Verdant



Yesterday my Mum and I went for a walk through Epping Forest. It had been raining, fitfully and heavily, all day, and had just stopped when we went out.

The forest was still dripping, and I was struck by the very particular smell of the forest when it rains; mossy, and of ferns unfurling. Mum agreed, and said that the smell was verdant; imbued with green.

Inspired by this sensory experience, my old friend and fellow artist Kat and I wandered into Walthamstow Forest this morning equipped with a plethora of film cameras.

Here are the results which I can share with you straight away; Polaroids shot on my Spectra camera, with a variety of filters and costume changes.

The first three photographs are an extension of my self care rituals of rewarding oneself with stickers - this time I've covered Kat's face with merit stickers - badges of honour for surviving. This is a theme I'm planning on developing considerably in the near future... I'll keep you posted.




















Rest Cure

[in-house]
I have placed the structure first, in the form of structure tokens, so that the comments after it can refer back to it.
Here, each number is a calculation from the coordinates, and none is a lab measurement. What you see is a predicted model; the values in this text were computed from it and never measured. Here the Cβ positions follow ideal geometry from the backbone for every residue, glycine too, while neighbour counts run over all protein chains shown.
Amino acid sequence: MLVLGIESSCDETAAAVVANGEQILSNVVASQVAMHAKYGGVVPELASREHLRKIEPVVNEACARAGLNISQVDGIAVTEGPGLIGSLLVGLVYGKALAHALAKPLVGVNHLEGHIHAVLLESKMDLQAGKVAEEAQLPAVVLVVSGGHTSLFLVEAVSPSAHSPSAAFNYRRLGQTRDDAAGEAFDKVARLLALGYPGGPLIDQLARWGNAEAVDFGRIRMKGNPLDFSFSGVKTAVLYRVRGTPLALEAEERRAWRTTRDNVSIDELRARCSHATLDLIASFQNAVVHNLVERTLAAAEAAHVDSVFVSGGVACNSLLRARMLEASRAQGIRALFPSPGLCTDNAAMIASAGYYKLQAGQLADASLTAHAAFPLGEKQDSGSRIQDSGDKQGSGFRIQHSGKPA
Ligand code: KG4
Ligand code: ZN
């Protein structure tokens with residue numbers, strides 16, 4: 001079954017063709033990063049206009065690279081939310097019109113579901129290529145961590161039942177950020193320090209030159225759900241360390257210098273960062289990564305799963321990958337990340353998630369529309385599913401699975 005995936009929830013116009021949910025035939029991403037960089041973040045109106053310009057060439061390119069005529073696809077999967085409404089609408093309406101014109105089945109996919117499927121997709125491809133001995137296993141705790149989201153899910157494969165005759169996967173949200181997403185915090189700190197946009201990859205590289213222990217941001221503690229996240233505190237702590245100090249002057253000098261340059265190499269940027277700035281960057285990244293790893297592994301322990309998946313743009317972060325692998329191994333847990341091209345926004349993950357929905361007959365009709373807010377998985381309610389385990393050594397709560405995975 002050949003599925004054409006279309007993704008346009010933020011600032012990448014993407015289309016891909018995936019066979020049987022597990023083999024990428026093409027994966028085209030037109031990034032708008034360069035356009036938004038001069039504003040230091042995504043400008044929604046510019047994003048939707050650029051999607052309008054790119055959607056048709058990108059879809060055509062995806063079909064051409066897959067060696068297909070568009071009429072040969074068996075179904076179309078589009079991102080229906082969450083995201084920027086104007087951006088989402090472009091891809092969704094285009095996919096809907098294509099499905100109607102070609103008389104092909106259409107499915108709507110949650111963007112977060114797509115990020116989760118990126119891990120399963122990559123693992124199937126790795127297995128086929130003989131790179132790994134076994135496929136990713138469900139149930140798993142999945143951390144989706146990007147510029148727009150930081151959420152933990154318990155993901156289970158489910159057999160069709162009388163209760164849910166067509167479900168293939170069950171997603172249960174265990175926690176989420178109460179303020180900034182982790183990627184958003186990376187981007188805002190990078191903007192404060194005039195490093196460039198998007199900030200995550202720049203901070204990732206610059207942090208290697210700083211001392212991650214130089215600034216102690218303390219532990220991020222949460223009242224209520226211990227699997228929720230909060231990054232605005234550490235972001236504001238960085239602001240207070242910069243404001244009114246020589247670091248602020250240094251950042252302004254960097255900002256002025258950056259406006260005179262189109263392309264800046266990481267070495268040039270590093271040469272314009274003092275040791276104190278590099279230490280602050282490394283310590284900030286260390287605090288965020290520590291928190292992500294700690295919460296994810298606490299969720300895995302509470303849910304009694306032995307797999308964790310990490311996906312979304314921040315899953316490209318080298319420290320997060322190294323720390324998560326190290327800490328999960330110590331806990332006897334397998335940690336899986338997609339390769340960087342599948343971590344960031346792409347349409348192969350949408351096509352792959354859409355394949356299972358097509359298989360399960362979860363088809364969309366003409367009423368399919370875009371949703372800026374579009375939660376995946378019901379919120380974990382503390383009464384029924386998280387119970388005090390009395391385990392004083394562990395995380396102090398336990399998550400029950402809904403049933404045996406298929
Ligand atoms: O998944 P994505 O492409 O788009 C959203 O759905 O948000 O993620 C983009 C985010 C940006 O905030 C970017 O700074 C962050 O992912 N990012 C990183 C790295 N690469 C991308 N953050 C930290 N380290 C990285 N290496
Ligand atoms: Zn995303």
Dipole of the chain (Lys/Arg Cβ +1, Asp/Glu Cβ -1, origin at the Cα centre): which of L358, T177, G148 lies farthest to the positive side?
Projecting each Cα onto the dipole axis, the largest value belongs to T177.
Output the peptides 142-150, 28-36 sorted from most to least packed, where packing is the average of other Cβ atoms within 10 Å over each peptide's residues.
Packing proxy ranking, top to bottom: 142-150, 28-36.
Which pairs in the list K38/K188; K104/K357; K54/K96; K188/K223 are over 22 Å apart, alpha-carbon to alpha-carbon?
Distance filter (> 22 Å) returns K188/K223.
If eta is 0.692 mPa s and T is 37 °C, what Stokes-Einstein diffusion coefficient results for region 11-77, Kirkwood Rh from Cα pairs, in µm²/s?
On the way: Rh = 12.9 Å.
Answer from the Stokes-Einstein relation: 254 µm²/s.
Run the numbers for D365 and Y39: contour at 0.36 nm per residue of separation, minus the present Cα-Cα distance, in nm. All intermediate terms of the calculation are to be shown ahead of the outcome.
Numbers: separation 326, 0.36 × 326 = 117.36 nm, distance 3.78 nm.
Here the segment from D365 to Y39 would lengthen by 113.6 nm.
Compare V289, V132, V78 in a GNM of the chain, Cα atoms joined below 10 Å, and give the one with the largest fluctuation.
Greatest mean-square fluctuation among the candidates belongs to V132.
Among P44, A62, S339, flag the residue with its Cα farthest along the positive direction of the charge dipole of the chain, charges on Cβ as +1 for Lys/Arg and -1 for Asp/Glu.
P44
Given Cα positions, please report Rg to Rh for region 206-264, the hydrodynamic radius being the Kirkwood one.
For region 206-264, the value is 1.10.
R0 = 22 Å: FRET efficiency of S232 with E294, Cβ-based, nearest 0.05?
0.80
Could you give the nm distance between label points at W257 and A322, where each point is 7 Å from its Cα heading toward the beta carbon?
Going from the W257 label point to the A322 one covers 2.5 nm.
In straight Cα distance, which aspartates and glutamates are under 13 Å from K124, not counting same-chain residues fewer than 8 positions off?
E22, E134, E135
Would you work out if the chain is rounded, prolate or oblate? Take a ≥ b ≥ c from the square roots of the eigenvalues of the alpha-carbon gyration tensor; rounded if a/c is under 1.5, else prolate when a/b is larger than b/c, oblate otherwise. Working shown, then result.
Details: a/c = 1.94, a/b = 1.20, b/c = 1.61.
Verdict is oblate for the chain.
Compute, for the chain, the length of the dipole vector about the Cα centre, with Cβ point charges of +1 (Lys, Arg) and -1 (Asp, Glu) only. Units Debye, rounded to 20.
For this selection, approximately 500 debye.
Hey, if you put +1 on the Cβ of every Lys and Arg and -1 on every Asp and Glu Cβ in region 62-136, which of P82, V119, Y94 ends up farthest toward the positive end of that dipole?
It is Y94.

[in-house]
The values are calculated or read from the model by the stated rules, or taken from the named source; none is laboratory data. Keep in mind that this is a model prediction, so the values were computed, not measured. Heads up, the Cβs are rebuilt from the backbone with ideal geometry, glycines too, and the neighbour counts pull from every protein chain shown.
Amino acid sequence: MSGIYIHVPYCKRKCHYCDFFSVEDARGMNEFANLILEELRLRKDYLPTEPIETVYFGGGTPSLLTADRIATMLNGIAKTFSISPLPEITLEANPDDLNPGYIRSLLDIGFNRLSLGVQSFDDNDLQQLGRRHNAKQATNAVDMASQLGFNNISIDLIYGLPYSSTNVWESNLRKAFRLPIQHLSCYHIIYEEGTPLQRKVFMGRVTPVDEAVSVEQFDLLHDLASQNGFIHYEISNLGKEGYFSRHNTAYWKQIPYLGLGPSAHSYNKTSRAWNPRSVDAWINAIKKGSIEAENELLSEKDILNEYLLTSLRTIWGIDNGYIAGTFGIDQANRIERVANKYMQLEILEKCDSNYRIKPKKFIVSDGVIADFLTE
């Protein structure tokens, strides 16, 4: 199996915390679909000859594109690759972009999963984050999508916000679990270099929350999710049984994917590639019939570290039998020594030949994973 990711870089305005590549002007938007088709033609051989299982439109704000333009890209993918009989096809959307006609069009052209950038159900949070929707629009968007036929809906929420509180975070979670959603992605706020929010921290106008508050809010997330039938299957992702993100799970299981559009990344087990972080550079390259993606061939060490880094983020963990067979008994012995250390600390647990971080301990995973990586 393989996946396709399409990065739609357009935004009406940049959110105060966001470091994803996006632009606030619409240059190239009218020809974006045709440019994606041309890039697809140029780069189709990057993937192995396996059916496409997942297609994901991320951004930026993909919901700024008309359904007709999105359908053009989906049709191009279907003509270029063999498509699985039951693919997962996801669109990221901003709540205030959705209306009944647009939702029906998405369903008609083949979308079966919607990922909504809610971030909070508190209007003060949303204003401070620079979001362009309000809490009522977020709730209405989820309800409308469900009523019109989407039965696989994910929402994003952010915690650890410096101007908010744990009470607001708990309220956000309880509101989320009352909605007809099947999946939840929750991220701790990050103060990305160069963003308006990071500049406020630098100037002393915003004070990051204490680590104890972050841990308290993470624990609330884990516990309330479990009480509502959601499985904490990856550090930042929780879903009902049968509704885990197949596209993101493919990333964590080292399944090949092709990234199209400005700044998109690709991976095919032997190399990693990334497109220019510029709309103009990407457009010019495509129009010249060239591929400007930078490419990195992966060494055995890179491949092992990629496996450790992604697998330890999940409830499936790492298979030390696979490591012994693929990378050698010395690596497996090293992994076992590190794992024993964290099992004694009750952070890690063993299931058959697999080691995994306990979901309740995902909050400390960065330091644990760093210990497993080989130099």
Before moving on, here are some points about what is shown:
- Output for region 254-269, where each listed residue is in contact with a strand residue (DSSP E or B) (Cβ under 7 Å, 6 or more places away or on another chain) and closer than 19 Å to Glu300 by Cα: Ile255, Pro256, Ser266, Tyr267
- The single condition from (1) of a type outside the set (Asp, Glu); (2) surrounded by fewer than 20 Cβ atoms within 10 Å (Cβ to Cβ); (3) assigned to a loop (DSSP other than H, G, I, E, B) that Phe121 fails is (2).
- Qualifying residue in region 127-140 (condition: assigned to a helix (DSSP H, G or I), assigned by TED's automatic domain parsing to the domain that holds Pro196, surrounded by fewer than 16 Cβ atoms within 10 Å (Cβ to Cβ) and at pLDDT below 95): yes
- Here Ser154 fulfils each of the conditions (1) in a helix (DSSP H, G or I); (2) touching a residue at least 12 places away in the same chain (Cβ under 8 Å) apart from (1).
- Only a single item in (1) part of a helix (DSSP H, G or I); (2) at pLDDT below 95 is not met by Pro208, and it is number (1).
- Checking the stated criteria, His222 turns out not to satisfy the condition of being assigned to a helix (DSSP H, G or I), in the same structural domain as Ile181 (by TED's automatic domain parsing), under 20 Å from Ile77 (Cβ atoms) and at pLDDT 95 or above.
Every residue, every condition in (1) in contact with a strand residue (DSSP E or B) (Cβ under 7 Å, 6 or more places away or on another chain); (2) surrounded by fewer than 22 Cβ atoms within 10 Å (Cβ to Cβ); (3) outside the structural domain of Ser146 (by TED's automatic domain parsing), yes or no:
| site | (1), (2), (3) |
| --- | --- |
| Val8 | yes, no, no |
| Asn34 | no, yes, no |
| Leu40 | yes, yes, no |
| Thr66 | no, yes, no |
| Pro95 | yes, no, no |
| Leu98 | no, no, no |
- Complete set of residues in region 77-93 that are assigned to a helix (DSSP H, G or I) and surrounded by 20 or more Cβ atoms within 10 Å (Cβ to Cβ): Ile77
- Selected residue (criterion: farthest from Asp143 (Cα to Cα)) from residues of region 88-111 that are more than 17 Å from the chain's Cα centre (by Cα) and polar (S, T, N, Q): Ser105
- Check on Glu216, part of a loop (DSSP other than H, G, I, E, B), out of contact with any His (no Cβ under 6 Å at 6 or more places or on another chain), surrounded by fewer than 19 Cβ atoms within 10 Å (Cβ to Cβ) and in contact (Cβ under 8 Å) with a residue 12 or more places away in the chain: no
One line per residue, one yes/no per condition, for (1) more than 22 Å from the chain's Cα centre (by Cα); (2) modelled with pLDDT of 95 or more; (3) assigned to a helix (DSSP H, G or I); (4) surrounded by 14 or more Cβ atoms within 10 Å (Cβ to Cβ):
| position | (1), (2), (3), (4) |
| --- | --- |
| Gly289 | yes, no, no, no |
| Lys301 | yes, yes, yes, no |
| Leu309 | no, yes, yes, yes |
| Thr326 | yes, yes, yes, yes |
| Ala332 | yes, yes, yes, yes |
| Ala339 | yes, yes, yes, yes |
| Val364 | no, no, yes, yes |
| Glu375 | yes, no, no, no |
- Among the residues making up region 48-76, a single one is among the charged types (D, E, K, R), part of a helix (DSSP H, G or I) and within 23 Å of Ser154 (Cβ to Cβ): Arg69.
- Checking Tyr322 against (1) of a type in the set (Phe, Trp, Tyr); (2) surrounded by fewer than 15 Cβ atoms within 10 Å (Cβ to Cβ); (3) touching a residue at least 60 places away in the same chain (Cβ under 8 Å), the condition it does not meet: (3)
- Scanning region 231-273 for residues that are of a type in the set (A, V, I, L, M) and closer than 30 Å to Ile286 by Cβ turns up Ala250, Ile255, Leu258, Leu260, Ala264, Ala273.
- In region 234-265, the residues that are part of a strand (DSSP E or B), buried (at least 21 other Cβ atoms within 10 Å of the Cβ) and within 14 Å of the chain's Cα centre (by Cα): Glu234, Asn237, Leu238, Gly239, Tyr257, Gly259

As much as I do love London, occasionally I need to escape it for a little while. I've been feeling a little disenchanted recently; I think from constantly working so hard on projects, from the long summer which I've been failing to fill effectively, and from spending too much time staring at screens (she says, staring at one!)

So a two week rest cure at my parents' house in the North West Highlands was just what the doctor ordered. I brought my current project, Big Teeth, along with me (and got a surprising amount sewn on the train!) My aim for the holiday was to sit and sew and look out at the sea.

So far it has also included rather a lot of staring at screens (surprise surprise), fine food (and wine!), and the odd walk around the hills and down to the beach. The wild landscape is the perfect setting for constructing a book about fairytales (many of which, of course, had fairly savage beginnings).

First of all, here are some holiday snaps:



An old friend adorning a stone shed on the walk down to the beach (painted by a family friend).

Giant daisies growing against the shed in my parents' garden.

The first bushel of gooseberries grown in the garden; there's almost enough for a crumble!

An entirely unintentional shot of me wandering around in the garden in a lovely dress.
Of course, most of my time has been given over to sewing, and this current project isn't an easy one (but then I'm always one to bite off more than I can chew!)

Someone else who hasn't been finding my sewing easy is our dog, Rosie. A few days ago, the phone started ringing whilst I was mid-stitch; thinking it might be my boyfriend, I got up in a rush, thrusting the embroidery aside. It landed on the dog.





Poor pet!